Thanks to a newly developed inventory distribution system, customers of Spanish fashion retailer Zara can expect a better shopping experience and increased size selection.  UCLA Anderson School of Management professor Felipe Caro and his collaborators from MIT/Sloan developed a software tool that helps managers more efficiently replenish inventories at Zara's 1,000-plus stores in 68 countries.  By implementing a mathematical optimization model, shipment decisions take into account input from store managers, while also incorporating historical store sales to better distinguish what will appeal to each store's customers.  This article appeared on Oct. 14.

Investor's Business Daily
Presidential Hopefuls, Congress Toss the Housing Hot Potato
The meltdown in subprime loans will be perfect bi-partisan fodder just in time for election season.  David Shulman, a senior economist with the UCLA Anderson Forecast, says he expects "show trials" before Democratic congressional committees to begin this winter, replete with testimony from distressed homeowners.  "Both parties will try and show how sensitive they are to homeowners."   This article appeared on Oct. 12 and was reprinted on Forbes.com and CNN Money.com.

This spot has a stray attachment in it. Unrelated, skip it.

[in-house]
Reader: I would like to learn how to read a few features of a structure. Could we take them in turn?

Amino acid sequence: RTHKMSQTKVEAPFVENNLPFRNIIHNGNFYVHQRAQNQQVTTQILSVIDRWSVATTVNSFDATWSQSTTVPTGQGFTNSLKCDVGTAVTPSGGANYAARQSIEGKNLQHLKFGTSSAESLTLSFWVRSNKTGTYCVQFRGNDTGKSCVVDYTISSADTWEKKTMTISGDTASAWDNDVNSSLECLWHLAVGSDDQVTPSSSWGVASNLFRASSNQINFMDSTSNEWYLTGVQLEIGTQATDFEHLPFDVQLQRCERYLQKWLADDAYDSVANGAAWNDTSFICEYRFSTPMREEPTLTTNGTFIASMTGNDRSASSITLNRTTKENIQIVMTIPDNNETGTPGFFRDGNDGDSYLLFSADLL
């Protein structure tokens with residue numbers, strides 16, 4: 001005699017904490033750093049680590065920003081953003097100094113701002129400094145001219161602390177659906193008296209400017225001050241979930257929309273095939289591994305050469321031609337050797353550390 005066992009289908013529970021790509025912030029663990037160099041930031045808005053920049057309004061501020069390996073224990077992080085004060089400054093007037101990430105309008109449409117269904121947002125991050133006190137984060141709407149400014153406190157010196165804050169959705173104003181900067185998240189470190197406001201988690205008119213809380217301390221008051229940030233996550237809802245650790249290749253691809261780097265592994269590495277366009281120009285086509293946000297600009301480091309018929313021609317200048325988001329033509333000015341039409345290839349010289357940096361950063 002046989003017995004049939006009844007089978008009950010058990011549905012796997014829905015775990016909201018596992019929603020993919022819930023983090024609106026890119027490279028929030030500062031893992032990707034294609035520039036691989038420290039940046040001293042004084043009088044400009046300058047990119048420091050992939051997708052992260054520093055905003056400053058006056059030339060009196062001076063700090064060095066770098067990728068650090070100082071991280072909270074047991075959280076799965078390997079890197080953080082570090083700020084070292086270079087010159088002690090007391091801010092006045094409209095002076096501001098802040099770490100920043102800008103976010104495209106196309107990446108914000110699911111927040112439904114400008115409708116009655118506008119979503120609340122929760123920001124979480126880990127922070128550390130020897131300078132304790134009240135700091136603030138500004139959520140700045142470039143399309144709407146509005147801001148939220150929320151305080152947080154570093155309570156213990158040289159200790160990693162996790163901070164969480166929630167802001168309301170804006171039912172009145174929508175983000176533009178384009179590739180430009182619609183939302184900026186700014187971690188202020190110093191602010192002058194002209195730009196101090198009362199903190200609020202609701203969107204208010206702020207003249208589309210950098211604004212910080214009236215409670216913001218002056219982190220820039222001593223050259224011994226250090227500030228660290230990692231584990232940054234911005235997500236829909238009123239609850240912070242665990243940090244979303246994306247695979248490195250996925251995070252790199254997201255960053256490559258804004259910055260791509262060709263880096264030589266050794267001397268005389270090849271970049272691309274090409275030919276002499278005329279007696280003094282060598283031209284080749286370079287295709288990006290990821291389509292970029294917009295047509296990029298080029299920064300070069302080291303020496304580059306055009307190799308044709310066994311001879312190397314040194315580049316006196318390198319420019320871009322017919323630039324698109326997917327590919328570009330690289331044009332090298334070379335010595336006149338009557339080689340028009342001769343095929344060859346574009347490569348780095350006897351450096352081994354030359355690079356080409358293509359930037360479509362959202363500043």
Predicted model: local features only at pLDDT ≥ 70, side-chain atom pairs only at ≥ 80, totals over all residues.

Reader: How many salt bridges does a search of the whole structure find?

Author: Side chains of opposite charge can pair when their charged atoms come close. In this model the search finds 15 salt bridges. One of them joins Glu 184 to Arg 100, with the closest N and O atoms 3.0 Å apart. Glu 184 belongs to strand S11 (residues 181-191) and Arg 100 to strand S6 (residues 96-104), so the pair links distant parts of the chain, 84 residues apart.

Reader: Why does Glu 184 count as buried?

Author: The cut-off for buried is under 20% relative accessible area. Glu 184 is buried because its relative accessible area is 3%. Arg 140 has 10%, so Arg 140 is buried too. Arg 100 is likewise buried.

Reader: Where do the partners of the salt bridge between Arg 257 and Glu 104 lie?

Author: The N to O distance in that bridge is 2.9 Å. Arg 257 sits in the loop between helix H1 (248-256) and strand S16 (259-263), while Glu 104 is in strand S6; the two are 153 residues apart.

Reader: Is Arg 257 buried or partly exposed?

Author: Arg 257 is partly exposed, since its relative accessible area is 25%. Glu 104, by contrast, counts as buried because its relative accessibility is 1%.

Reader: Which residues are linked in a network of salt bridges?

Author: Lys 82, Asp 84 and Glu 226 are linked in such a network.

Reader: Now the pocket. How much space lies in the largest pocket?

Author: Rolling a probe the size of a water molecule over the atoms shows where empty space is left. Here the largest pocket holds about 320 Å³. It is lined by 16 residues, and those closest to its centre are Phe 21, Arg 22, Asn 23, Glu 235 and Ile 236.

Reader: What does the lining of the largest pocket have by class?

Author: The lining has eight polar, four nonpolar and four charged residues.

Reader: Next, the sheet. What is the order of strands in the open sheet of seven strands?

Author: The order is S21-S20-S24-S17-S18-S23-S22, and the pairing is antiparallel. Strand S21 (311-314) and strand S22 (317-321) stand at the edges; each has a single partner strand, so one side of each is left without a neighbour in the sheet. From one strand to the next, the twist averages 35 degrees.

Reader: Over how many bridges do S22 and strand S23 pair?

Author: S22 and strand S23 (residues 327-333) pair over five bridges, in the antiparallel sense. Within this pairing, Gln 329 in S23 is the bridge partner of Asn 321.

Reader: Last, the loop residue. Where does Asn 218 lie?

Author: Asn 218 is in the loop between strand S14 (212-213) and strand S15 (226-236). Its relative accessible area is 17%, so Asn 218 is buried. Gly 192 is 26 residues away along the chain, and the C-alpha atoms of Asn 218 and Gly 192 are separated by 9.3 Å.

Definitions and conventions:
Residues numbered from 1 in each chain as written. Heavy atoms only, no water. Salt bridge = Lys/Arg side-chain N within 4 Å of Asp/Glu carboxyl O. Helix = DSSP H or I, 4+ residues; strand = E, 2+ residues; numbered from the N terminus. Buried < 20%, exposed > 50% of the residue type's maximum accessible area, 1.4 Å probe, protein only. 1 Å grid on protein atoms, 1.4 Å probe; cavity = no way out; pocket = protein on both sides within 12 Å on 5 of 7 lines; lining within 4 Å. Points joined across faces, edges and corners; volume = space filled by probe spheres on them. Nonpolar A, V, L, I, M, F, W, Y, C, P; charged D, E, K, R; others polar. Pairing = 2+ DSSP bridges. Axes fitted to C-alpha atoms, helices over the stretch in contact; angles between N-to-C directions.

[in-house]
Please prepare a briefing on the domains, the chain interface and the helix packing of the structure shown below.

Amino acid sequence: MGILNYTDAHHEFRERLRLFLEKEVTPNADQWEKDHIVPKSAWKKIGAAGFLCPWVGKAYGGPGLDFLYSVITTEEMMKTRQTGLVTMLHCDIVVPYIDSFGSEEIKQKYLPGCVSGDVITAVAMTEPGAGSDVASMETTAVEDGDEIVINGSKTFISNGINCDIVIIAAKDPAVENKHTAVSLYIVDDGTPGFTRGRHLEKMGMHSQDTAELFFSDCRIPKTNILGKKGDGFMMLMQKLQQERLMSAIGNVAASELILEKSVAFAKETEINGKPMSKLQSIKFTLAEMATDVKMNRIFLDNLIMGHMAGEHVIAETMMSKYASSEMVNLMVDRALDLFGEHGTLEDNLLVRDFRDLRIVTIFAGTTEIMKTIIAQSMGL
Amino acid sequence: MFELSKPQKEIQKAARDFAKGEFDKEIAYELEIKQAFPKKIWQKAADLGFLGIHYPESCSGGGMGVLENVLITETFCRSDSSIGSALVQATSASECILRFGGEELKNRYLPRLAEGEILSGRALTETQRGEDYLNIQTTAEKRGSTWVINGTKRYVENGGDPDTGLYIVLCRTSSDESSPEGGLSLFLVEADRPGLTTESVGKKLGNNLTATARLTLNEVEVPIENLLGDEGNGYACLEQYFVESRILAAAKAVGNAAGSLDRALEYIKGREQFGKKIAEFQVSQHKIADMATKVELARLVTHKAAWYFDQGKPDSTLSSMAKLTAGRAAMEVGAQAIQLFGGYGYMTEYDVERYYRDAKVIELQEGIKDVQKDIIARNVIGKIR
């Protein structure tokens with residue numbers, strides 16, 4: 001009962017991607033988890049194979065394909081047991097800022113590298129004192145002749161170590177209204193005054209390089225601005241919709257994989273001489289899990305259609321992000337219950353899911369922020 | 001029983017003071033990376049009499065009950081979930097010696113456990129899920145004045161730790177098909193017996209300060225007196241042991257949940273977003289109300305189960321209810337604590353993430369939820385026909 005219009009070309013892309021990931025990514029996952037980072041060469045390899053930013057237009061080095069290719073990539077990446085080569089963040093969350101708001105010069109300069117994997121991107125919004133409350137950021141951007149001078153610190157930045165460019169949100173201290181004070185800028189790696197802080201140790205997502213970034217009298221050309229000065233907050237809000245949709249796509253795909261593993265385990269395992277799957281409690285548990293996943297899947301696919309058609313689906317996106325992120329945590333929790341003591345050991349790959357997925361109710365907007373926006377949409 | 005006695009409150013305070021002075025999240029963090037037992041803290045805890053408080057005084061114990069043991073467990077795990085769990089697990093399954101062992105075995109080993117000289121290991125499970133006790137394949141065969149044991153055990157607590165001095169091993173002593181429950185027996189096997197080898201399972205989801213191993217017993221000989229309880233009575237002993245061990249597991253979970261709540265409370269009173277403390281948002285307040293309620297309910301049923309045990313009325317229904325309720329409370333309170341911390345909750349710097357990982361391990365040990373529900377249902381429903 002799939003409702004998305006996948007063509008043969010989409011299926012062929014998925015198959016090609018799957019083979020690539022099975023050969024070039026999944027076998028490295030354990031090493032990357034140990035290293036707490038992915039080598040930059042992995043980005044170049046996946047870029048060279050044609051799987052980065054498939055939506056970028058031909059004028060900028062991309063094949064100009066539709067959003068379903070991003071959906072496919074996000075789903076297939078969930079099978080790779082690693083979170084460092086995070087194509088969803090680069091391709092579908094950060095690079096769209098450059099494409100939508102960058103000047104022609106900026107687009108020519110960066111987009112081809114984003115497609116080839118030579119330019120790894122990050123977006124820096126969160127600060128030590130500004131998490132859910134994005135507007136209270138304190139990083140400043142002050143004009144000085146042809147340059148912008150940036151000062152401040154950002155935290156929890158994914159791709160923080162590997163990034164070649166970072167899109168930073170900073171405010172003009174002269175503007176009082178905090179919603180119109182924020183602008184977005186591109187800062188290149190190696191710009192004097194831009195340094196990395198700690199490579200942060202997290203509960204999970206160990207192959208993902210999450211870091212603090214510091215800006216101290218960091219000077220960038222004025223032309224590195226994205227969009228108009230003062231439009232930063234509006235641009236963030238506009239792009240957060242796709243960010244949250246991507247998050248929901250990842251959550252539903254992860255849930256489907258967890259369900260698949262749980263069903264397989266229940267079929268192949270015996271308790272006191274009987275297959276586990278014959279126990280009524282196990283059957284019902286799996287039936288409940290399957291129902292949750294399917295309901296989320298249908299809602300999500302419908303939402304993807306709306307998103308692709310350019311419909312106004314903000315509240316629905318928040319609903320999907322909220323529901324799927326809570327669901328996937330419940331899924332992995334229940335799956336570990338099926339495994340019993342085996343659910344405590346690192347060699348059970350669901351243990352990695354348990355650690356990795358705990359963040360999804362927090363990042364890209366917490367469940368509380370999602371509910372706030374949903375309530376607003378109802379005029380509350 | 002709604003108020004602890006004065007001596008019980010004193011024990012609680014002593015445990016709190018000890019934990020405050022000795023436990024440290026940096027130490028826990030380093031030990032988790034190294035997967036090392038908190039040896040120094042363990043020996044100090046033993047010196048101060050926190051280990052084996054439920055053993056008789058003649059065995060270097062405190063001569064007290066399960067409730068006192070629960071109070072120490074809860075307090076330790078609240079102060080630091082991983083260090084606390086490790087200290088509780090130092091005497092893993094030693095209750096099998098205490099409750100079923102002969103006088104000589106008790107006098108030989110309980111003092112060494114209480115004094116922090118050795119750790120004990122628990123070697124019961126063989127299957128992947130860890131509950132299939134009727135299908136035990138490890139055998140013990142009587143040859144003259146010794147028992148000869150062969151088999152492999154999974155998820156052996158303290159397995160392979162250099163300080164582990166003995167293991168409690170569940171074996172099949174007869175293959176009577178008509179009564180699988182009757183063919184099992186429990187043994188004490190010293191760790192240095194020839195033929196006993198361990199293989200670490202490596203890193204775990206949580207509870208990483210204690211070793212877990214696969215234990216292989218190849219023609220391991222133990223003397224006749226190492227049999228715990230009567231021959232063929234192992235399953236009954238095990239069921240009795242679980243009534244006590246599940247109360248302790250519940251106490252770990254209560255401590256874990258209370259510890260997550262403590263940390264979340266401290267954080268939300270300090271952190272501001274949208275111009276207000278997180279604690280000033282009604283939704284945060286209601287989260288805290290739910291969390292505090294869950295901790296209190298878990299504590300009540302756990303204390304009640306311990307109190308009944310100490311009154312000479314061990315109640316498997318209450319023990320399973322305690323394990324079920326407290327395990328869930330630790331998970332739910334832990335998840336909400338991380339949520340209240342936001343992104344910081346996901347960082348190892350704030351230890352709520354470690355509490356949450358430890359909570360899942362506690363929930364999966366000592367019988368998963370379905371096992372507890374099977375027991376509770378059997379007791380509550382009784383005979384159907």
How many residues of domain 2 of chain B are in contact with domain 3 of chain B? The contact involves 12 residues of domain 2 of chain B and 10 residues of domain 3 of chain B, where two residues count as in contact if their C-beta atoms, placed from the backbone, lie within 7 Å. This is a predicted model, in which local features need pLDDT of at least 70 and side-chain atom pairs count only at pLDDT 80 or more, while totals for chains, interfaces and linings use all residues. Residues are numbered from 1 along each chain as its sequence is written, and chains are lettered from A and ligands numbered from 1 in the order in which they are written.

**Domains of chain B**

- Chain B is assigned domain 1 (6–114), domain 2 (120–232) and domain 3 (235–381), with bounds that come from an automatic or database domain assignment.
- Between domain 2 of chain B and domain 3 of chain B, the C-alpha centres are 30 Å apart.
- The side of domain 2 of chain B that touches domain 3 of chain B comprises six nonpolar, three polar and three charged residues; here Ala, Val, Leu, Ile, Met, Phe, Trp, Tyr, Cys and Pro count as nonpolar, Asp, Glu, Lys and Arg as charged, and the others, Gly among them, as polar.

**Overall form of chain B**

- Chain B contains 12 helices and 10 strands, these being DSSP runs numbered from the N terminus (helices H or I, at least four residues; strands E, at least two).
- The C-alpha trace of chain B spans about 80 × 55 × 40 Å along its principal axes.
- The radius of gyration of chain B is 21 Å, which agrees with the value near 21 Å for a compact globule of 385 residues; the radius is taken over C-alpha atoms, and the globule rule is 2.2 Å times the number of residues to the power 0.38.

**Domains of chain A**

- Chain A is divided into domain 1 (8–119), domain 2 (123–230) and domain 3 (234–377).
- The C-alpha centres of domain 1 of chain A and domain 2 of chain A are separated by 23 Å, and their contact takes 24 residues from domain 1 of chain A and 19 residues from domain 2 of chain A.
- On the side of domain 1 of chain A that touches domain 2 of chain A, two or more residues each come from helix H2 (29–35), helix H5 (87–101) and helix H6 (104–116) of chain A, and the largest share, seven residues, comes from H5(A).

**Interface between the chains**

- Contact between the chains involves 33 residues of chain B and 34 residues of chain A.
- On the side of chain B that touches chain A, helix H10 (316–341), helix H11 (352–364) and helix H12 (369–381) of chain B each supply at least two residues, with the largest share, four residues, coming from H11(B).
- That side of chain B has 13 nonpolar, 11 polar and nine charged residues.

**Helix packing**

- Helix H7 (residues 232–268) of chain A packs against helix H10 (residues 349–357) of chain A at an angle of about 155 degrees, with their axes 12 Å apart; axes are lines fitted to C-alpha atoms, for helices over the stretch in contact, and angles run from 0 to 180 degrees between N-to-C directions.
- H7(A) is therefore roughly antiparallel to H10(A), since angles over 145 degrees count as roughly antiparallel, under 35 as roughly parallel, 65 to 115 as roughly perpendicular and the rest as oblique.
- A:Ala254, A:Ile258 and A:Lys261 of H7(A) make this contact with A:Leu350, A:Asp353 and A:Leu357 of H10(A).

The Sacramento Bee
Dan Walters: California Economy, Mood Sour
With the state bearing far more of its share of the slowdown in residential real estate, will the implosion in the housing industry push California toward recession?  Not according to Ryan Ratcliff, an economist with the UCLA Anderson Forecast, who says even though  California will experience another year of economic doldrums, the state "will not sink into a recession."   This article appeared on Oct. 7 and was reprinted in the Orange County Register, San Jose Mercury News, Oakland Tribune, and the Daily News.

Associated Press
Forecast Dim for Las Vegas Housing Market